April 28, 2022

CFL implements rule changes for 2022

The Canadian Football League has gone under the hood and done some tinkering to get offences humming and fans sliding to the edge of their collective seats again. The key rule changes for the 2022 season were approved by the league’s board of governors this week and announced on Wednesday, just prior to the Winnipeg Blue Bombers season preview media conference that featured GM Kyle Walters and head coach Mike O’Shea.

Here are the key changes:

  • The hash marks on the field will be moved closer together and now positioned 28 yards from the nearest sideline instead of 24 yards and now nine yards apart instead of 17.

The rationale: the receiver lining up on the wide side of the field would often previously be virtually forgotten and targeted only occasionally during a game because of the difficulty of a pass from the further hashmark. As well, it will lessen the impact of the angles for field goal kickers and also affect the directional punting, which had become so prevalent.

O’Shea: “Offensively it should open up the playbook a little more and allow you to use the entire field. It’s a very wide field, so the short side game and plays to the wide side outside the wide side numbers were maybe a little more limited. So now that should open up the entire field.

“Then you can add the kicking game… the angle from which the field goal kickers have to work against is less steep. So, we should have a higher field goal percentage. And in the punting game, directional punting is a huge part of our game because of the field and now those footballs kicked to the sideline, there should be more room for the return game. So, overall, it should add more excitement to the game.”

  • After a successful field goal or single point, offences will now start from the 40-yard line instead of the 35. Teams kicking off will now do so five yards further back, from the 30, and teams kicking off following a safety will do so from the 20, not the 25.

O’Shea said he felt the narrowing of the hashmarks and the changes in field position after kickoffs would have the most impact.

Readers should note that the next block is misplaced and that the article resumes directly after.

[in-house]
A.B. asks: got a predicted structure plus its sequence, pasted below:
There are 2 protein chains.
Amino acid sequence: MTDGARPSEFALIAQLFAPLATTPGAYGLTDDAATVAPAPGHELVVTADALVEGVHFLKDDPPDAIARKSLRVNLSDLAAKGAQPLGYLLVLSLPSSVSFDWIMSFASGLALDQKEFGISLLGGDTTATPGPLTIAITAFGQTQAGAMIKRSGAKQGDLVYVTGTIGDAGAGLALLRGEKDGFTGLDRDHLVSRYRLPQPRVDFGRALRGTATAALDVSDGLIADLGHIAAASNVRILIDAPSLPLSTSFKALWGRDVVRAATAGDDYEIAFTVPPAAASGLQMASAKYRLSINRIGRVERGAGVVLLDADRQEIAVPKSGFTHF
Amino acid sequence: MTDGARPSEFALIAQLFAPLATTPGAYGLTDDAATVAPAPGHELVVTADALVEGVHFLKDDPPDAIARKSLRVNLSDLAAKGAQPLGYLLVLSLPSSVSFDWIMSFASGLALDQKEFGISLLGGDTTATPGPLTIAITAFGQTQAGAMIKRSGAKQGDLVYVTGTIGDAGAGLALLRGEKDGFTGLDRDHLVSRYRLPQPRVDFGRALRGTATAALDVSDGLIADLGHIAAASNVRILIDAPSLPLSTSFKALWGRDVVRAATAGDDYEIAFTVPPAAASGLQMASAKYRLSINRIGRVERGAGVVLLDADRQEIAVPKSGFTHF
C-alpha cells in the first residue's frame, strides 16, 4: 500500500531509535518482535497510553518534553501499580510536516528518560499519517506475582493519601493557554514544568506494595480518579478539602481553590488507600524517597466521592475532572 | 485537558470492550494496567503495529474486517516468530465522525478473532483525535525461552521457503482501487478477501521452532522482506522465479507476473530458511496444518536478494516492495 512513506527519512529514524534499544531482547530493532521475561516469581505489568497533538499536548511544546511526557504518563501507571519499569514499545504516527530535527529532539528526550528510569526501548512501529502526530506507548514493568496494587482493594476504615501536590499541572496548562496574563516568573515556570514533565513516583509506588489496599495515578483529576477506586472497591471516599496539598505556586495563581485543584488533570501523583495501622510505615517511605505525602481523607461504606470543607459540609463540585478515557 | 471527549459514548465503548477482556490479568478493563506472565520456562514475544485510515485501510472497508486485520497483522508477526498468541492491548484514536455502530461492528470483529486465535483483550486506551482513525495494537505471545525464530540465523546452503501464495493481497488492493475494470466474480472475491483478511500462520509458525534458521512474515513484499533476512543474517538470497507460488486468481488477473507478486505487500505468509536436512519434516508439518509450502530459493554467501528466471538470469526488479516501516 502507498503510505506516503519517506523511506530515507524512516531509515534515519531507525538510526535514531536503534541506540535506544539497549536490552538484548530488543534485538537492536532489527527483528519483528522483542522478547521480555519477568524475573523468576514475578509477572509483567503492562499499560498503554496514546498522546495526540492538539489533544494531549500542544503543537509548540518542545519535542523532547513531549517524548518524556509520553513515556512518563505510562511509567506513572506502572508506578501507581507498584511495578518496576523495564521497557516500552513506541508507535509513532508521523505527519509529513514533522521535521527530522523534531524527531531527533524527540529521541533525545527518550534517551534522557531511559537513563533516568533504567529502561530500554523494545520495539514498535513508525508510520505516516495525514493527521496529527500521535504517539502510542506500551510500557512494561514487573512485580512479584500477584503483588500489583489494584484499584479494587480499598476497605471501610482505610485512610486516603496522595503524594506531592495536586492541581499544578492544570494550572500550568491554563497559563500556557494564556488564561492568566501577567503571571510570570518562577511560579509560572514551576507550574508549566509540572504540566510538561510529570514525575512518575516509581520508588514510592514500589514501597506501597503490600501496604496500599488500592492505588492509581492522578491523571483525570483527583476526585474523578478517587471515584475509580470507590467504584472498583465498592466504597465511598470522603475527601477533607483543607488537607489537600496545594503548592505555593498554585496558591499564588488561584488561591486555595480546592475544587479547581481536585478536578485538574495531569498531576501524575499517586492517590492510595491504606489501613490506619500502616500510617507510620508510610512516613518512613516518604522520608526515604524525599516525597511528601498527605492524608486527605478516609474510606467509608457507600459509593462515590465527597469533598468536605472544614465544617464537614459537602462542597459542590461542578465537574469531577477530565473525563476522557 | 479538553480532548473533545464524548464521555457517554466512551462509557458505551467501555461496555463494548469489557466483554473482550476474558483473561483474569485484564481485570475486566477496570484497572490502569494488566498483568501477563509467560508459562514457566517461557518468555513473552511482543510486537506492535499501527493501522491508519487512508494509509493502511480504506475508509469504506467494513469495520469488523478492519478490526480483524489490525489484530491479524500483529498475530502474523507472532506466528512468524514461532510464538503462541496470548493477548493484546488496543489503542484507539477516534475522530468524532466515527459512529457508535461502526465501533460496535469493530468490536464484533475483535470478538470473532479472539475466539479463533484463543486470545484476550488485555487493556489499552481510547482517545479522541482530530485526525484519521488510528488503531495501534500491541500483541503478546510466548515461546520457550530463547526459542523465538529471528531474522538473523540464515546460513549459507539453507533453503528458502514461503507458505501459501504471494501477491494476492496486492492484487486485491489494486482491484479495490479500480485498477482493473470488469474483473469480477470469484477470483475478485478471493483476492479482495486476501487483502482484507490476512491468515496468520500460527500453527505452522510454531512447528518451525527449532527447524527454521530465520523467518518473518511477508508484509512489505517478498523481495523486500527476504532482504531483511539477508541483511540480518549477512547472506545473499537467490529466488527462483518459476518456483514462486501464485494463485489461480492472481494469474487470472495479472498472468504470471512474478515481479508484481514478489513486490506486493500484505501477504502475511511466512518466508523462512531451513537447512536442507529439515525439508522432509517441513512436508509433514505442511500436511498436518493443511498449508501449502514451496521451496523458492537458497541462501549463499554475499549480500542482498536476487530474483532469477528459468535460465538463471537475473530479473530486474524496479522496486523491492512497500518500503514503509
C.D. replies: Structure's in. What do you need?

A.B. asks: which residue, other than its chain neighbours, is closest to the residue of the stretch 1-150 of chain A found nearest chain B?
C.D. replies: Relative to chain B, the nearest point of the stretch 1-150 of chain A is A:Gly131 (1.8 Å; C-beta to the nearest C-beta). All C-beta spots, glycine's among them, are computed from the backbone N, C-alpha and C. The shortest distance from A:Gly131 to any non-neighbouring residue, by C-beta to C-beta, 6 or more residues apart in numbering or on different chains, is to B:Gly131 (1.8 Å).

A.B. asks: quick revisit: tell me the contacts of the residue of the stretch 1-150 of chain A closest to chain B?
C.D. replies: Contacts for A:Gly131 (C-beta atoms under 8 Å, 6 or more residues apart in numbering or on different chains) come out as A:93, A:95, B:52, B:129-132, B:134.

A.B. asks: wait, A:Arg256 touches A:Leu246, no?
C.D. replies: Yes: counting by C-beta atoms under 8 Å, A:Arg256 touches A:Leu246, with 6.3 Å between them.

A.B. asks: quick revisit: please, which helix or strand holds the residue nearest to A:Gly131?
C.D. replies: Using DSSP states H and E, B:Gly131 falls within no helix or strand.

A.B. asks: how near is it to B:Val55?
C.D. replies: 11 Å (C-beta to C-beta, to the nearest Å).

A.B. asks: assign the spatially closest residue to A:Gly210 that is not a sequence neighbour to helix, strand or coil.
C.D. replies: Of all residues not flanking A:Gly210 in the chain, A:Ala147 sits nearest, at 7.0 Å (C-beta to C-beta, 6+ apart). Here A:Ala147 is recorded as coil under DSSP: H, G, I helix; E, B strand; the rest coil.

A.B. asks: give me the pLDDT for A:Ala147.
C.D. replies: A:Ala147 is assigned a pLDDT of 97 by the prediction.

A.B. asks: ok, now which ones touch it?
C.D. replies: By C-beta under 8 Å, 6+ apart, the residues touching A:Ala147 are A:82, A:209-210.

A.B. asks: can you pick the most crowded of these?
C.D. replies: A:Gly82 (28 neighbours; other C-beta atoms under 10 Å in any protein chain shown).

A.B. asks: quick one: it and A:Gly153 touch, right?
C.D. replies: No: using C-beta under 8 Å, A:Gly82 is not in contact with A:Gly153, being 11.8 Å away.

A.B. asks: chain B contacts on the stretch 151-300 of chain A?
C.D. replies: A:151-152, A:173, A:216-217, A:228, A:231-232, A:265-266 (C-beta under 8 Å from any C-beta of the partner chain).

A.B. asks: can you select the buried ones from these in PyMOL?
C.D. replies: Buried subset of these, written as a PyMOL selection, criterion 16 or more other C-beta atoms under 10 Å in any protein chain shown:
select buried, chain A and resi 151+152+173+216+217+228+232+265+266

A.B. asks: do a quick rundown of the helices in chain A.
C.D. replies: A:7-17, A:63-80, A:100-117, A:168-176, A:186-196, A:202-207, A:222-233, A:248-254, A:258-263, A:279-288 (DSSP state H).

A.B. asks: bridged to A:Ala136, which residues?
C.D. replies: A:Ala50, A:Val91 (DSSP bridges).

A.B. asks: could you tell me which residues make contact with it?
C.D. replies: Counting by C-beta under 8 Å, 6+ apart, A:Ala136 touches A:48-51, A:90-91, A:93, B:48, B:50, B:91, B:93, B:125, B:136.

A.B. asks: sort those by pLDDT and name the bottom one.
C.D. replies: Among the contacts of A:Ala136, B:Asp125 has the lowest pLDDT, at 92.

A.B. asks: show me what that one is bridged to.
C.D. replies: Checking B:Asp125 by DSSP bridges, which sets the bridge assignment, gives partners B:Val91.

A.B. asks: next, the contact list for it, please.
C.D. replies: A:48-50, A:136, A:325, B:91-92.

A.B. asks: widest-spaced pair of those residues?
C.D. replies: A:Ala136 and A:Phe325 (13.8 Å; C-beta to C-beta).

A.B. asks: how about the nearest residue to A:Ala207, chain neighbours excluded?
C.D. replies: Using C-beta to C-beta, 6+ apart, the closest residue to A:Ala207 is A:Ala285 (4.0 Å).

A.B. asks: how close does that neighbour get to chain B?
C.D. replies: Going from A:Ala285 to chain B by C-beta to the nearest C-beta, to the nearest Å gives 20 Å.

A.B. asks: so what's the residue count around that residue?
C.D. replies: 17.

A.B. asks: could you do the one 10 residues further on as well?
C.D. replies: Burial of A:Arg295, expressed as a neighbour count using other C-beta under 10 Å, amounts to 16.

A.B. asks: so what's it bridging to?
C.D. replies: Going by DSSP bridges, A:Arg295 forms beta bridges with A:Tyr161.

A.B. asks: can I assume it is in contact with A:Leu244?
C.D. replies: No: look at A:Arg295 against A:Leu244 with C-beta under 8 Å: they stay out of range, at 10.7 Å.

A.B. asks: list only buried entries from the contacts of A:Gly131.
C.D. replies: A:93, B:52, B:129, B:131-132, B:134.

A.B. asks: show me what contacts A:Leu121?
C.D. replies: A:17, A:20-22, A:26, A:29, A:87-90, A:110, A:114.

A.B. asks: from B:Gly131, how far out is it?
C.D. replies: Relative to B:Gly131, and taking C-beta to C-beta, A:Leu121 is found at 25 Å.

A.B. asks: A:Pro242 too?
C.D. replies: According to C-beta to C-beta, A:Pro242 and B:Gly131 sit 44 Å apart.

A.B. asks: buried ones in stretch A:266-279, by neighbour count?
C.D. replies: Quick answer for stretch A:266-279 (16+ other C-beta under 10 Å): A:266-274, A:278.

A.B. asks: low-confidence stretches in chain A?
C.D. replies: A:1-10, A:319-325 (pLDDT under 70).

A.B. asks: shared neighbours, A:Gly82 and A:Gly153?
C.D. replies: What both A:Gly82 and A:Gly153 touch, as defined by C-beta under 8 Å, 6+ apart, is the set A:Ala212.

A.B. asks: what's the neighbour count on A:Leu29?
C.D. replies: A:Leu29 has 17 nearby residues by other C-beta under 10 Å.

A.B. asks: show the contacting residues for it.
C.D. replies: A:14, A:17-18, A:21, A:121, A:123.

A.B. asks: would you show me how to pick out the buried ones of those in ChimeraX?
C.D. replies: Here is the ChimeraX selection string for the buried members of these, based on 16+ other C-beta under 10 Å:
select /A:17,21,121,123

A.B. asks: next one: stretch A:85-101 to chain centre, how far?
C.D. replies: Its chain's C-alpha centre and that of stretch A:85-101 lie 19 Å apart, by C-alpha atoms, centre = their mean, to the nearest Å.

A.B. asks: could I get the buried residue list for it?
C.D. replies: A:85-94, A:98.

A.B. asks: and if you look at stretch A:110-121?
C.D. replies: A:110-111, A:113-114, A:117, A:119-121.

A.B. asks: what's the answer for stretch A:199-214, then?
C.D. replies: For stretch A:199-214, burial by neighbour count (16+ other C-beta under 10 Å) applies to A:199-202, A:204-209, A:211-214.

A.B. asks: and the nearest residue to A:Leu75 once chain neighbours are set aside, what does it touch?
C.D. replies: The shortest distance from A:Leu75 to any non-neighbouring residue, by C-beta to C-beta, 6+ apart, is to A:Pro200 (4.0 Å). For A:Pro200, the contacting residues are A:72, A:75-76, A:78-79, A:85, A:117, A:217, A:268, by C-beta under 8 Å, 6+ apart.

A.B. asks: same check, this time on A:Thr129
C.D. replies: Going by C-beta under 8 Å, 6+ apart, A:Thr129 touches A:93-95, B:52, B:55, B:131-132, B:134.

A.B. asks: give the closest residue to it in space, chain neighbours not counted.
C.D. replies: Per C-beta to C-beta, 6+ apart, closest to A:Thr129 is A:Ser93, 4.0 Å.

“Those will lead to more points, for sure,” he said, “and should bring more excitement in different aspects of the game.”

  • All no-yards penalties will now be 15 yards. In the past, a 15-yard no-yards penalty was assessed if the returner fielded the punt in the air and the cover team was inside the five-yard halo, while a punt that was fielded on the bounce with the cover team inside the halo yielded a five-yard penalty.

As well, a punt that now sails out of bounds before it reaches an opponent’s 15-yard line – previously it was the 20 – will be assessed with a penalty.

The rationale: To jazz up the return game by penalizing teams who automatically enter the halo when a punt is bounced. In years past, a no-yards penalty was a full 15 yards, with the five-yard variation implemented in the late 1980s.

O’Shea: “The return game is so exciting in the CFL with the size of our field, the quality of the returners we have in this league is exciting and we’re just trying to make sure that we allow them to do their jobs, too, rather than stifling them so much that they pick up a ball and get tackled right away.

“I’m looking forward to this. If we get a good return against us, I’ll probably lose my mind, but I know in terms of 15 yard, no yards, we can coach that and make sure our players are doing the right things down the field and every once in a while if the ball bounces backwards, then so be it.”


  • Teams will now be allowed to have two quarterbacks on the field at one time to allow for more creativity by offensive coordinators.

Think of the possibilities with former Bomber QB Chris Streveler, although new No. 2 QB Dakota Prukop is also a helluva athlete.

O’Shea: “It’s another one of those things that’s supposed to add excitement. It remains to be seen how it’s going to be utilized. Obviously when we had Chris Streveler, you could have made an argument then that that would have been a very interesting scenario to do that, and I would imagine teams have looked at that and said, ‘OK, how do we build something, plays or packages around having two quarterbacks on the field at the same time.’ Once again, how we will use it, we’ll see.

“I think the great thing about the CFL is you can have six eligibles in motion on every play. So, I’d imagine the creativity is endless for the offensive coordinators in this league.”

The CFL release on all the rule changes is here. Both O’Shea and Walters were clear in their assessment that the changes are designed to enhance what is already a wonderful game.

“We have a great product,” said Walters. “When the group of presidents and head coaches and GMs get together in a room – which is rare – there’s a lot of topics discussed and some really good football discussion. Everybody in that room is in agreement, though – how do we continually evaluate the game and improve our game and make it the best game that we can? That’s the point of those meetings.

“It was a good day of meetings and discussion amongst people that love this league.”